In Malpeque Bay, a short distance from The Cottage, lies Lennox Island.
There is no time line for the First Peoples of Canada and when they settled in our area; however, storytelling tradition goes back thousands of years. The ancestors of the Mi’kmaq were 'gatherers' — fish, berries, wood for baskets. They travelled and lived in camps in the area: Northam, Tyne Valley, Port Hill, Conway Narrow, Freeland, and Portage. Hogg Island, also in Malpeque, was a sacred settlement and many Mi’kmaq are buried there.
There are many stories of hardship, struggle and survival. There are also many stories of success and triumph. Two books of interest at the cottage are Ni’n na L’nu: The Mi’kmaq of Prince Edward Island by A.J.B. Johnston and Jesse Francis, and Micmac by Choice by M. Olga McKenna.
In the fall of 2016, CBC profiled five communities in Canada facing serious threats from climate change. Lennox Island was one of these communities: the forecast is not bright—it is reported to have lost one square kilometre of land in a single generation. At this rate, 50 percent of the island could be underwater in 50 years.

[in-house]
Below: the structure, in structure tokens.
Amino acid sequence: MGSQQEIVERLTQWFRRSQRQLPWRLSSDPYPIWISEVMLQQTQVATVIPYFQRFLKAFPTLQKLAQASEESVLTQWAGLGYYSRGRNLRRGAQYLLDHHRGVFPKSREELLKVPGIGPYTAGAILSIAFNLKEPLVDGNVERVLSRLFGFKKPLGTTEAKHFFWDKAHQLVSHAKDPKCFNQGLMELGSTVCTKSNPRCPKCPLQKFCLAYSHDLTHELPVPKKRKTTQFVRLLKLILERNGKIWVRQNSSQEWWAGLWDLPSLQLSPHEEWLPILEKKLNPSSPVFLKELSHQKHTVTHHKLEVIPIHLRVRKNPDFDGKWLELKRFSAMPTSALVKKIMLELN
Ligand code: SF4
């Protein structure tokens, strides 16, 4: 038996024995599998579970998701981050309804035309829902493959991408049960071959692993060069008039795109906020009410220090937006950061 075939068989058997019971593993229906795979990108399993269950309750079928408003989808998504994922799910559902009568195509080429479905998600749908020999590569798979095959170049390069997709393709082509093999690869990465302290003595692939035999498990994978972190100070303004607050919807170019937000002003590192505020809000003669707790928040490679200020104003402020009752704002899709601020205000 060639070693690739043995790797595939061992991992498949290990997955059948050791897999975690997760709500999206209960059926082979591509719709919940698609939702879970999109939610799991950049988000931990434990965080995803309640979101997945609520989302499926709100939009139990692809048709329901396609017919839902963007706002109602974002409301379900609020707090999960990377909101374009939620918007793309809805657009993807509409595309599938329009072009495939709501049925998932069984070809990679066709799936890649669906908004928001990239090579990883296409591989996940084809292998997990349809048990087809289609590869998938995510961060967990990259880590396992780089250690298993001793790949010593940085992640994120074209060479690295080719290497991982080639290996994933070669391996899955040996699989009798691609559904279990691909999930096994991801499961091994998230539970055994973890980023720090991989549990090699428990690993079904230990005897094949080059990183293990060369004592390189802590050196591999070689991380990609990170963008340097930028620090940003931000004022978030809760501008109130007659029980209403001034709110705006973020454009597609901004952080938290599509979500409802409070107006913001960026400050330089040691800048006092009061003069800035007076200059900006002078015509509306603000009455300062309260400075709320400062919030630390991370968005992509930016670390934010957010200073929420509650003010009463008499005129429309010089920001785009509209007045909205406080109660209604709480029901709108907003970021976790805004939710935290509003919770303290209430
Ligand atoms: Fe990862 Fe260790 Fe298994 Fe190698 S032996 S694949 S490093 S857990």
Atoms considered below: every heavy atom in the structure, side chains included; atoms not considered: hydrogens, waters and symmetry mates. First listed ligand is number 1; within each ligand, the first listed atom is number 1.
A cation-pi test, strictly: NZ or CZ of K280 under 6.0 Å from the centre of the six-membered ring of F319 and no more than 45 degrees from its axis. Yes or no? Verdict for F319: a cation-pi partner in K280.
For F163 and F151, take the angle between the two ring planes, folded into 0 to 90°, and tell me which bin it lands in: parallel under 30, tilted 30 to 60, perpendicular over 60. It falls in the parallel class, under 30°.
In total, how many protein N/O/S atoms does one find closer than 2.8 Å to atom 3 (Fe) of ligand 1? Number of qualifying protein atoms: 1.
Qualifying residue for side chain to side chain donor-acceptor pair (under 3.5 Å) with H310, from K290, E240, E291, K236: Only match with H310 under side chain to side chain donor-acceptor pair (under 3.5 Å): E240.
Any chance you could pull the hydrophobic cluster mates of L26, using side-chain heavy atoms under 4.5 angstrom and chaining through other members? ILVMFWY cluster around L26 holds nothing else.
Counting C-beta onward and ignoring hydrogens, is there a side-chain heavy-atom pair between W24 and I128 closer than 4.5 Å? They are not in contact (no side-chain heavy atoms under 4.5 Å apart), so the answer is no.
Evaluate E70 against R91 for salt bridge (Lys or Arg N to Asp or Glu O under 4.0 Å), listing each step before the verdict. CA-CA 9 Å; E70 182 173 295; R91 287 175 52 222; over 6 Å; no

You will be warmly welcomed to experience all that Lennox Island has to offer and learn more about this unique settlement. Stop at the Eco Tourism Centre and the Cultural Centre as well as walk the “Path of Our Forefathers.” Gifted artisans showcase original woodwork, painting, jewelry and basket weaving.
To visit Lennox Island, take Hwy. #12 from the cottage to Tyne Valley, continue past Ellerslie and take Rte. #163 to Lennox Island.
To learn more about Lennox Island you can visit www.lennoxisland.com, or watch the North Cape Costal production via Youtube.
Article by Carolyn McKillop